By now, Saez is perfectly acquainted with lots of different genres: he likes the Beastie Boys and planned to record a rap song, he adores PJ Harvey and Lou Reed while he still loves to play the piano.
At the age of 18, Damien left his family - in the meantime he had two younger half brothers - and moved from the social housings, the HLMs, of Dijon - a town he had actually never liked, it made him want to run away - to Paris, equipped with nothing but a guitar and his slightly nasal voice, looking for someone who might support him in his wish to become a singer. Soon he met Marcus Bell and William Sheller; and three years later, he finally released his first album Jours étranges (Strange Days, an allusion to "Strange Days" by The Doors), which tended toward an almost ridiculous pessimism. The first single, "Jeune et con" (Young And Stupid), totally achieved its aim: the lyrics struck a chord with the French youth, it didn't fool them like the big politicians try to, wanting to convince young poeple of their outdated politics; no, this text was written by a young man who wasn't born in the postwar period, who knew the life in the dull high-risers only too well and who himself had been part of this generation, singing about sex, drugs and rock'n'roll.
"I went a little further than cocaine. Without taking heroine. I wouldn't have had the force to kick the habit. I saw people dying from drugs and a bad lifestyle. I, myself, am haunted by morbid thoughts."
There he was, Damien the poster rebel, accompanied by Franck Phan (guitar), Antoine Rogge (guitar, keyboard) - who he both knew from the school days in Dijon - as well as several other musicians. The latter, however, soon left Saez in order to take charge of different projects.
But this wasn't meant to be the end. In 2002, the second disc God blesse/Katagena was released, a double album. The first CD God blesse (God Hurts) is clearly affected by electronic music, whereas the second part Katagena (an allusion to Damien's Polish ex-girlfriend Katarzyna, the words catastrophe and géna, signifying birth) is more acoustic. God blesse shocks: The mix of pornographic lyrics ("Sexe") accompanied with techno beats, of instrumentals (e.g. "Thême 2 - Partie 1"), love songs ("So Gorgeous") and hypercritical rock ("Solution") is a little peculiar.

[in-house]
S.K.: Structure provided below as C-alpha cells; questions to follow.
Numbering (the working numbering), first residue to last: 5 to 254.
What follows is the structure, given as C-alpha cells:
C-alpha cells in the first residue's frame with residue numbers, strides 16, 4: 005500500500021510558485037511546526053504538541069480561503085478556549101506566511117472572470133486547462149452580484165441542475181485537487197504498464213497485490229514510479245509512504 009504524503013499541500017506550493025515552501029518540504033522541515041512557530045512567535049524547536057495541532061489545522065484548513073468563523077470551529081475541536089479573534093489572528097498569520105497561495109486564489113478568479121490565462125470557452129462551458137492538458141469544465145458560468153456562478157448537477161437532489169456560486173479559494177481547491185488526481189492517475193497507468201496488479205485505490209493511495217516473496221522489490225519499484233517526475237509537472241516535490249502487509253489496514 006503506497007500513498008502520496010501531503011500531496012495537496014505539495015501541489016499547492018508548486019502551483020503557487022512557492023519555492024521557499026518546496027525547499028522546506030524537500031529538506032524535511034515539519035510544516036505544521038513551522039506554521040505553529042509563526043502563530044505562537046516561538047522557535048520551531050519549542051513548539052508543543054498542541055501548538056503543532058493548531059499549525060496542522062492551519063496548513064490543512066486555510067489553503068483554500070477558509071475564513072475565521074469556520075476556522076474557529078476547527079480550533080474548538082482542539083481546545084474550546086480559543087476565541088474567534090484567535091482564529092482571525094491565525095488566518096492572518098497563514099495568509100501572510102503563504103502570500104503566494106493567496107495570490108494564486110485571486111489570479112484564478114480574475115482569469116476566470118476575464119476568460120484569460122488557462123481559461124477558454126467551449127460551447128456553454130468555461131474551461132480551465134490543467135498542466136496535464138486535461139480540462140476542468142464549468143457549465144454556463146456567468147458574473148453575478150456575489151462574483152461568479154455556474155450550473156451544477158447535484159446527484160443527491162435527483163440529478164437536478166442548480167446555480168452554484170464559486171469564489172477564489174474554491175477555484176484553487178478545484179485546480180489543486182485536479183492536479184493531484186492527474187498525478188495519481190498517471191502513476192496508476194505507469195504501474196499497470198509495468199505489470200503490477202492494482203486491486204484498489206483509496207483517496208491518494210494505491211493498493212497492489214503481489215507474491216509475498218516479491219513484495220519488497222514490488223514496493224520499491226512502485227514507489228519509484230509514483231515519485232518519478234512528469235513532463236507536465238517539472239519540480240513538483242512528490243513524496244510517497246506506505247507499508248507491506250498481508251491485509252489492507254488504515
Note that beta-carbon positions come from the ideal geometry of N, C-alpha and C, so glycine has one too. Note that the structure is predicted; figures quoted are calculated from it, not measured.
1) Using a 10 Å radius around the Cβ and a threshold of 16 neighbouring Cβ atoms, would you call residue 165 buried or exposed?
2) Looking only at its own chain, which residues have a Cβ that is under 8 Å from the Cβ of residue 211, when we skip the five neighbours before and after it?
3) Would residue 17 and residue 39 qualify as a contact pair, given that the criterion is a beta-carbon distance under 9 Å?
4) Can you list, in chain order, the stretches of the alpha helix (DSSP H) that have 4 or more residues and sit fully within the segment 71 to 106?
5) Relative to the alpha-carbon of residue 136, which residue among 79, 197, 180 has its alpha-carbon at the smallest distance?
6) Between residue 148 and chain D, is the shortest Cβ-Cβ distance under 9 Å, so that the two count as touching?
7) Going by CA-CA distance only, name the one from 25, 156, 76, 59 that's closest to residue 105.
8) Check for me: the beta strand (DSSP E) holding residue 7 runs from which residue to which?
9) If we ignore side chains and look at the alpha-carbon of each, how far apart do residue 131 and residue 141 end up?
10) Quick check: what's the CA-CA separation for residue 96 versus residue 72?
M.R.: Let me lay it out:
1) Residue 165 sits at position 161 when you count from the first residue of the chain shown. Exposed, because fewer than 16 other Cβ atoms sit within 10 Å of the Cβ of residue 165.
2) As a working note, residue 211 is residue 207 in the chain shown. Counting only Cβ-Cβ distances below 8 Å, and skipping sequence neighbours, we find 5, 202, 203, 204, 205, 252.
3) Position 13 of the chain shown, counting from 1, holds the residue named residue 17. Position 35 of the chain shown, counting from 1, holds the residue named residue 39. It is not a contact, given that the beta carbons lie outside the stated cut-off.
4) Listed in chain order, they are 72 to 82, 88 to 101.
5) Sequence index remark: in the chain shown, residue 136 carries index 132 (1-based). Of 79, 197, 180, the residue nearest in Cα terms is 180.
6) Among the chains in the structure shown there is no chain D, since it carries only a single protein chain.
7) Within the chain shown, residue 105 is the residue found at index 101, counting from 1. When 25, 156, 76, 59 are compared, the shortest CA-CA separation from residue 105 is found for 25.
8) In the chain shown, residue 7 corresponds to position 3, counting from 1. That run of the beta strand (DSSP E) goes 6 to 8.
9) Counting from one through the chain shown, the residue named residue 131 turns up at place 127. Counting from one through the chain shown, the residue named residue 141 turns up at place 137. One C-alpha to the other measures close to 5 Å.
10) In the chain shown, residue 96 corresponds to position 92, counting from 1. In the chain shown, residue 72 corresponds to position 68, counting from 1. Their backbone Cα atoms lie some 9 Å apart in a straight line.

The album was produced by Teo Miller, who already worked with bands such as Placebo. Back then, Clive Deamer (drums; ex-Portishead), Franck Phan, Antoine Rogge, James Eller (bass) and Maxime Garoute (drums; Zazie, No One Is Innocent) were members of the band, to list only a few notable musicians.
Clive Deamer, on the contrary, didn't participate in the live shows. It was Patrik West, a British guitarist, who became part of the group.
FILS DE FRANCE
2002 was also the year, Le Pen - a French right-wing politician of the Front national - surprisingly qualified for the second ballots of the presidential elections. Damien Saez, being the child of Algerian and Spanish immigrants, was shocked to hear this. That's why the song "Fils de France", written in only two days, was put on the internet for free.
"You would have to recreate the vocabulary. I cannot say I'm far left, because when I hear someone talking of 'workers', I can't relate to it only due to this term. For me, the best system would be the one of division, maybe not as extreme as in the Eastern Bloc. I feel left, even extreme left - in my lyrics, I tend to say 'communist' - and still I know you would have to change the word. An expression with the same basic idea but employing today's vocabulary."
It was during the presidential elections in 2007 that Damien Saez once again quoted those popular verses: at a speech of Ségolène Royal - candidate of the French socialist party PS and Nicolas Sarkozy's former rival - he performed, just like a great deal of other French bands, at the Stade Charléty in Paris, in order to express his dislike of the soon-to-be president Sarkozy in a peaceful way.